Branchless Banking Has a Volume Problem

11 March 2011
4 comments

CGAP’s Branchless Banking Database synthesizes a mass of data into a short 12-image “story” about what branchless banking is and the key hurdles we face in 2011. We’ve converted that into a three-part series, which we continue today.

The first post in this series presented new data on how mobile ownership converts into an opportunity to bank the poor in emerging markets. We immediately need to ask whether mass market consumers are actually adopting such new services when offered.

Some branchless banking institutions (BBIs) have seen strong customer response to payment services, such as money transfer and bill payment. CGAP looked at 7 markets where reliable data is available about branchless banking customers: Brazil, Cambodia, India, Kenya, Philippines, South Africa and Tanzania. BBIs in these markets have 1.7x more active, previously-unbanked customers than the largest MFIs in the same market. BBIs are not replacing MFIs: credit services are complimentary to BBI payment services. But the comparison shows BBIs are also reaching the mass market of unbanked consumers, at scale.

Even with robust growth in users, major revenue requires several years in the best case scenario. Providers should have this in mind when setting assumptions about their payback period. CGAP analyzed the revenue potential of the top 3 African mobile money services (as measured by active users). For two, mobile money quickly surpassed SMS in revenue generation (2 years). One has already seen mobile money begin to deliver more than 10% of company revenue, and another is on the path to reach this target in year 5. Again, this is probably a best case scenario. MNO 3 is facing much longer timelines, possibly beyond the typical expectations of time to see attractive returns.

In fact, most BBIs are following a trajectory similar to MNO 3, or even lower. Globally, there are more than 100 live branchless banking services. Approximately 1 in 5 have made it to a “million client club” of services which have registered 1 million clients. The remainder are struggling to sustain growth in customers and most likely are losing money for their parent company, given up-front costs to enter the space. To put it succinctly, most players in the branchless banking space have a “volume problem” of getting enough clients to drive revenue to hit payback in any reasonable timeframe. The industry needs solutions for steepening the growth curve in numbers of users, the portion who become active users, and the intensity with which they use services. Volume is the central challenge in branchless banking in 2011.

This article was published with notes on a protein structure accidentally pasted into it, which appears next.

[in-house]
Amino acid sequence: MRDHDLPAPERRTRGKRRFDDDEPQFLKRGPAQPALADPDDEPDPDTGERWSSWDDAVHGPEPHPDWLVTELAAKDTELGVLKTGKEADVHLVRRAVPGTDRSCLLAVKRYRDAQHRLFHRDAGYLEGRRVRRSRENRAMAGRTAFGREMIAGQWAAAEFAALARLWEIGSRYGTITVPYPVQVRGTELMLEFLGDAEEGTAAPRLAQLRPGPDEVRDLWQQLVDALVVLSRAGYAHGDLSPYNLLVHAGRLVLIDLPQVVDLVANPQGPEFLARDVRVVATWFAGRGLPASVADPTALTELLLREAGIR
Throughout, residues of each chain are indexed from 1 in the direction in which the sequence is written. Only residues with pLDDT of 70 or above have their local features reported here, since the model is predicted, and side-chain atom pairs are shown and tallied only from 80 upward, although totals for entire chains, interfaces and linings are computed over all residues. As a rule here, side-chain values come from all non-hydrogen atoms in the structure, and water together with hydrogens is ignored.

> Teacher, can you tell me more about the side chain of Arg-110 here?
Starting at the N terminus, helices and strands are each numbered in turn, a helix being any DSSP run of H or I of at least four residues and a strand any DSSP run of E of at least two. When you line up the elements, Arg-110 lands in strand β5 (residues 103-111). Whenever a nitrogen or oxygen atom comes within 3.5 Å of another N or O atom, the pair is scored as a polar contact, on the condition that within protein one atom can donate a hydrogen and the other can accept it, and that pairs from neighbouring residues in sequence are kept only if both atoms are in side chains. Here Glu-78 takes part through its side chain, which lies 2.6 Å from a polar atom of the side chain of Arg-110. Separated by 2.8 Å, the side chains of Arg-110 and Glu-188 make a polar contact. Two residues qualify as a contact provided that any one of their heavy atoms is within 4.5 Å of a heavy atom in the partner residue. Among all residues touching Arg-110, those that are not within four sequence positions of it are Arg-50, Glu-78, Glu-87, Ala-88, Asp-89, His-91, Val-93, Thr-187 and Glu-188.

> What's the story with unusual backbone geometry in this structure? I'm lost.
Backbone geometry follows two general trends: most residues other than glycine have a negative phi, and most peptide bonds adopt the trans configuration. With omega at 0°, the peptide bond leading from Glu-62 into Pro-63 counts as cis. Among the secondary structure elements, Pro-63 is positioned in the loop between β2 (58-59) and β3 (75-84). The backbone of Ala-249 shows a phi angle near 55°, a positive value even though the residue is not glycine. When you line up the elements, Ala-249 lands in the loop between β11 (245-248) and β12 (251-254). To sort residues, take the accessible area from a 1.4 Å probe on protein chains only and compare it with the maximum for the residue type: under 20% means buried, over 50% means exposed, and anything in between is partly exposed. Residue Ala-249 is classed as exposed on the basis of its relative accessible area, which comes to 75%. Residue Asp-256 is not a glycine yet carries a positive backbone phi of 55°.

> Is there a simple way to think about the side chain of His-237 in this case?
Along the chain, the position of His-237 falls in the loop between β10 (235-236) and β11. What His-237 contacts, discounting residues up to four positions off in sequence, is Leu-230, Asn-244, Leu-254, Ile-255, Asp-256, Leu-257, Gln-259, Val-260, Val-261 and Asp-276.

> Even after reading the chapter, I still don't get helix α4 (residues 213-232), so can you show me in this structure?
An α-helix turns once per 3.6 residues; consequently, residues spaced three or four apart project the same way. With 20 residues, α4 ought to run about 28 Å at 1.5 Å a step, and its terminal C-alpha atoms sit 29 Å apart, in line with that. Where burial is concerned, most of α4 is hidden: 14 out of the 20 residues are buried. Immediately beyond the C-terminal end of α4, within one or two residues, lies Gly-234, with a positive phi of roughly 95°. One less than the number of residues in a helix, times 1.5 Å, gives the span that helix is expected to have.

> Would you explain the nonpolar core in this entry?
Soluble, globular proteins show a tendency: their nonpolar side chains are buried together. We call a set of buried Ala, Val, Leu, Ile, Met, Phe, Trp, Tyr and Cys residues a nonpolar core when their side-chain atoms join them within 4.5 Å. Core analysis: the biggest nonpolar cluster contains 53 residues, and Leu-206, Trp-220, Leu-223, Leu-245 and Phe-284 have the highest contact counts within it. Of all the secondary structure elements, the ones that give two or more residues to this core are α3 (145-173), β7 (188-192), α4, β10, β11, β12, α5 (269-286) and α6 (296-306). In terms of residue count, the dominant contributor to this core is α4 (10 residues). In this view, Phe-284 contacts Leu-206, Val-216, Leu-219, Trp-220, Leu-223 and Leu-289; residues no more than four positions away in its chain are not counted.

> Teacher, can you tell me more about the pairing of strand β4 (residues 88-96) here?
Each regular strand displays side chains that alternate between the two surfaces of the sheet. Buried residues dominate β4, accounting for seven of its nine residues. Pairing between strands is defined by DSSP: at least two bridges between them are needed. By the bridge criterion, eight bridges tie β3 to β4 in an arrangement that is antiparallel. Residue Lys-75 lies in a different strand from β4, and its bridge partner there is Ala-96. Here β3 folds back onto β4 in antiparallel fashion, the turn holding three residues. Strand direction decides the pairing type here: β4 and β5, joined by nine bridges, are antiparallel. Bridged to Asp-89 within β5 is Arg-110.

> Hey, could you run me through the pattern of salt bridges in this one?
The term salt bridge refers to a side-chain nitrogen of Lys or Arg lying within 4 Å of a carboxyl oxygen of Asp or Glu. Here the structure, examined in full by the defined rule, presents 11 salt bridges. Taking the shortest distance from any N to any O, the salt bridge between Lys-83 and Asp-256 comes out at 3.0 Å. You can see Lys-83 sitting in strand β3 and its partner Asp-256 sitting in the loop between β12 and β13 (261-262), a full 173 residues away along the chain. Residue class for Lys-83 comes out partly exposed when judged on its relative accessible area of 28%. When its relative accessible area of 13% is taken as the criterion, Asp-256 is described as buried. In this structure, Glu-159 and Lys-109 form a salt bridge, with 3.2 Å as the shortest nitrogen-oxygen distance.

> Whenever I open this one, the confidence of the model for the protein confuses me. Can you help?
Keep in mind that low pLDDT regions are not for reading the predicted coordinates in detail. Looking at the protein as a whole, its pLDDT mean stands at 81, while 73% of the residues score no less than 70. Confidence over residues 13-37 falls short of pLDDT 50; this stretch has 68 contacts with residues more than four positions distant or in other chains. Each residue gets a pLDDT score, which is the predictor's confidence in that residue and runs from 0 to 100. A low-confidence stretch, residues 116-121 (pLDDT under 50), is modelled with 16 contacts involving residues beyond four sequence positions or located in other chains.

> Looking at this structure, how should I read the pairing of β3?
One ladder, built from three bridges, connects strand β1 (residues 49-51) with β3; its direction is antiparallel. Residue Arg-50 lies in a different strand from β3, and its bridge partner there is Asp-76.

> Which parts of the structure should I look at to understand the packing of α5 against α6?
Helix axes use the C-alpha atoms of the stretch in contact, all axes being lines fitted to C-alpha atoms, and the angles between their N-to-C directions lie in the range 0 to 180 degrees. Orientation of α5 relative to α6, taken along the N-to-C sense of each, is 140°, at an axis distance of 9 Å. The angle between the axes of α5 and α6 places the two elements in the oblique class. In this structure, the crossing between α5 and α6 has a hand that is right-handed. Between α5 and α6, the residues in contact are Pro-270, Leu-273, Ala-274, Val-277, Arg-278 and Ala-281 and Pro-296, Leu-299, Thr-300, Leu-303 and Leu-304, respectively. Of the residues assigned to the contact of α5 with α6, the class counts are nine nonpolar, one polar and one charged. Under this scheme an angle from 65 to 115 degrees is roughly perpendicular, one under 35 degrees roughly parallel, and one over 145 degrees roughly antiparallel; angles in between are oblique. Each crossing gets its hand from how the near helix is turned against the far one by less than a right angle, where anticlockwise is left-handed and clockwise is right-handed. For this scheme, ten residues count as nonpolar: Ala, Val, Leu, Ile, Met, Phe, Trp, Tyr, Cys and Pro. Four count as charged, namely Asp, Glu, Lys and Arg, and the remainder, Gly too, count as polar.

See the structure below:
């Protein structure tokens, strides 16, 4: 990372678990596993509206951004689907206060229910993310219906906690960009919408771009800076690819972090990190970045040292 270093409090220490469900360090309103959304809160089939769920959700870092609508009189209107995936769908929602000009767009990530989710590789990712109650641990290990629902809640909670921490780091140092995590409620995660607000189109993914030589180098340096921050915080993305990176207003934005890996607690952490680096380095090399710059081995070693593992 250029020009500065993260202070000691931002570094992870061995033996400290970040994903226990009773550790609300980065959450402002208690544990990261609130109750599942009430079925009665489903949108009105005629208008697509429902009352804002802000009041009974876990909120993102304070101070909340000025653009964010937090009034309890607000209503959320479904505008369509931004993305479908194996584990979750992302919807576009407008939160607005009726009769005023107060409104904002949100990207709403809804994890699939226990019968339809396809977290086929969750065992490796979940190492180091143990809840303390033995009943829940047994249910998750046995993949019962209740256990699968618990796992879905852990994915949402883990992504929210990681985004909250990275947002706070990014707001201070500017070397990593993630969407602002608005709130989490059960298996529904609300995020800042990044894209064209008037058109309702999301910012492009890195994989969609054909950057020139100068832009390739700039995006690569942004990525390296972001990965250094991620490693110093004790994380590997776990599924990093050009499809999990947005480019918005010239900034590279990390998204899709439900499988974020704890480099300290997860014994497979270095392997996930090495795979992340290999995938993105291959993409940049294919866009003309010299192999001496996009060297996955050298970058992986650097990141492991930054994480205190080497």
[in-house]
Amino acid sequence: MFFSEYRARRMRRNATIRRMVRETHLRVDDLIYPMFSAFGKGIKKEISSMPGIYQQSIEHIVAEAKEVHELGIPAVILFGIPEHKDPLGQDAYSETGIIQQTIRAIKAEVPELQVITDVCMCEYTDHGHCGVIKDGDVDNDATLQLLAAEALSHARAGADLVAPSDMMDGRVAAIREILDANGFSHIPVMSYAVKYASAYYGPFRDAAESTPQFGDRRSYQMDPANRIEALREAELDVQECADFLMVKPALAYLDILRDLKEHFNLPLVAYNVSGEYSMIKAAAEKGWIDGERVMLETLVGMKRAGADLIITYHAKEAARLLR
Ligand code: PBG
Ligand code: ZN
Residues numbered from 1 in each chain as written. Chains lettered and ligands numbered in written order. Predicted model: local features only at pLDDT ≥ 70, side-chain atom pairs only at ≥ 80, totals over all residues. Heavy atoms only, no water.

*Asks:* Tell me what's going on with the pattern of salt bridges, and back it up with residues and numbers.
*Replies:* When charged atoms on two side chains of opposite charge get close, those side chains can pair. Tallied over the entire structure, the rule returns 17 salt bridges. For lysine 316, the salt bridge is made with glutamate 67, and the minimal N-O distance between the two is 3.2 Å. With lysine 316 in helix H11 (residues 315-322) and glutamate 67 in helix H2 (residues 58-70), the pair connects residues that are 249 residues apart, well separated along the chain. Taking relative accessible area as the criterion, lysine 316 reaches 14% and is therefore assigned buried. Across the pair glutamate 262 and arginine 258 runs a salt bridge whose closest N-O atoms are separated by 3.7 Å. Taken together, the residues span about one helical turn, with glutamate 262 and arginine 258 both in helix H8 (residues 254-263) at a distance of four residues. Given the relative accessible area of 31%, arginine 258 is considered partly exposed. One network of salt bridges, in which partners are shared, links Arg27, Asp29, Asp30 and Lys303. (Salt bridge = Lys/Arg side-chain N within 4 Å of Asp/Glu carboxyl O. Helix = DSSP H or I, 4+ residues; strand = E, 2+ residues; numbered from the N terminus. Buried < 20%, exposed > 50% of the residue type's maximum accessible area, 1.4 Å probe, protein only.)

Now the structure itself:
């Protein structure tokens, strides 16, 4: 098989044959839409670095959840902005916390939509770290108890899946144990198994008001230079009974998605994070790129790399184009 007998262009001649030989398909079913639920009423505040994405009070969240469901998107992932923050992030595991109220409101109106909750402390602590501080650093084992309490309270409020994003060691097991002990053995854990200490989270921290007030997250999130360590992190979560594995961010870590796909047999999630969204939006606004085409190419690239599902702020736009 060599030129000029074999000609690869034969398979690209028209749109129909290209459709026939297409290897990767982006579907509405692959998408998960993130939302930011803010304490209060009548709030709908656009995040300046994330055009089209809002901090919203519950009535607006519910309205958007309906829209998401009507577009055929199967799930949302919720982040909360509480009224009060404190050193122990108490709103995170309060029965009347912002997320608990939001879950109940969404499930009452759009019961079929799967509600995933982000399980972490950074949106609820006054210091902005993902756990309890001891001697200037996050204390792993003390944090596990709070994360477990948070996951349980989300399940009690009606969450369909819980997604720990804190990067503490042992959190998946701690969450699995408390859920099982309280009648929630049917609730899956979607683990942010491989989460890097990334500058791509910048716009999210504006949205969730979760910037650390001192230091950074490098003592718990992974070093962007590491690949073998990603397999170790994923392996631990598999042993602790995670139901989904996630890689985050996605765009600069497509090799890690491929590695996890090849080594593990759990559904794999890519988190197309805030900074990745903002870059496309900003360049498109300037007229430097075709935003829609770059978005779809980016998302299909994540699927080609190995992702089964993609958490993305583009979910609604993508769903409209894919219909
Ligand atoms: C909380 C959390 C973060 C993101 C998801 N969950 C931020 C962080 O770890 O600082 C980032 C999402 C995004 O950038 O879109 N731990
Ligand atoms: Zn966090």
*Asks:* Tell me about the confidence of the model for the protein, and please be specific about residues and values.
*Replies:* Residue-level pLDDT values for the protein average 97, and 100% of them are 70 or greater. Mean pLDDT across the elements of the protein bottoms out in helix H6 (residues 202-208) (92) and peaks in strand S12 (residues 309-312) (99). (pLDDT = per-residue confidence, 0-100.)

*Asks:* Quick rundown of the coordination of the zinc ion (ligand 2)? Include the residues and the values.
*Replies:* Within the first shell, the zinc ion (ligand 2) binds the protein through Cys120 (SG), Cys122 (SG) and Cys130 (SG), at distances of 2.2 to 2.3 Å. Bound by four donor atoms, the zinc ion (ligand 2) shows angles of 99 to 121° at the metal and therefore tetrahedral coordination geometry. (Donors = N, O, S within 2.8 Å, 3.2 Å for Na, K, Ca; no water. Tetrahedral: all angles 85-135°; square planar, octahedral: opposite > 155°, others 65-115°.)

BBIs could drive volume by including governments and other institutional players as users of the platform from early on. Worldwide, there are at least 170 million low-income consumers who receive a regular payment from their government, either for a social transfer, wages or a pension. To provide a point of comparison, 170 million exceeds the estimated number of active microloans worldwide (150 million). But after bulk payors are signed up, there remains the important question of whether payees will use their account for more than just removing all the cash. BBIs must also look at the value proposition not only to payors but also to payment recipients, if they hope to convert them to active, valuable clients.

In the 3rd and final post in this series we will look at product design, pricing and agent networks, all topics which need attention in 2011.

CGAP’s Branchless Banking Database is available here. It marshals data from our 2010 field work on agents, business models, customer adoption, and regulation, and combines it with data on banking access, mobile penetration, population, and income in 168 countries. Graphics are easily imported into your own presentations, and the data is presented in Excel, enabling you to manipulate it for your needs.

 

- Mark Pickens

Comments

Submitted by Joel Patenaude on
Great work, per usual. Volume is the story but a backstory receives less attention, i.e. the upfront costs to enter the space. If these upfront costs were low, smaller operations could turn profits. Large corporations don’t naturally bootstrap and they will nearly always need volume. Though a bit tricky to get past complex internal accounting, this would be an interesting area to investigate. Thanks.

Submitted by Mark Pickens on
Peter, Nomenclature is always fraught with the fault of imprecision. We’ve settled on the term “branchless banking”, while others prefer “banking beyond branches”, “mobile money” or one of the many other terms driven by local regulatory environments (e.g. “business correspondent banking” in India). If nothing else, we can agree that regulation is a determining factor driving the boundaries of what can be done by which institutions, BBI or otherwise.

Submitted by Mark Pickens on
Hi Joel, You’re absolutely right that loaded upfront investment puts a lot of pressure on the enterprise. It puts even more premium on driving massive usage at the outset, or takes the rare firm which can be patient over a multi-year payback period.

Submitted by Anonymous on
[...] Yet in comparison to other mobile money uses, mobile water payments could potentially bring more lucrative MNO payoffs through these. The vital nature of water means payments for it are recurring and regular, offering MNOs a way to become customers’ default SIM card for guaranteed transactions. In this sense they are a good answer to mobile money’s “volume problem”.[1] [...]

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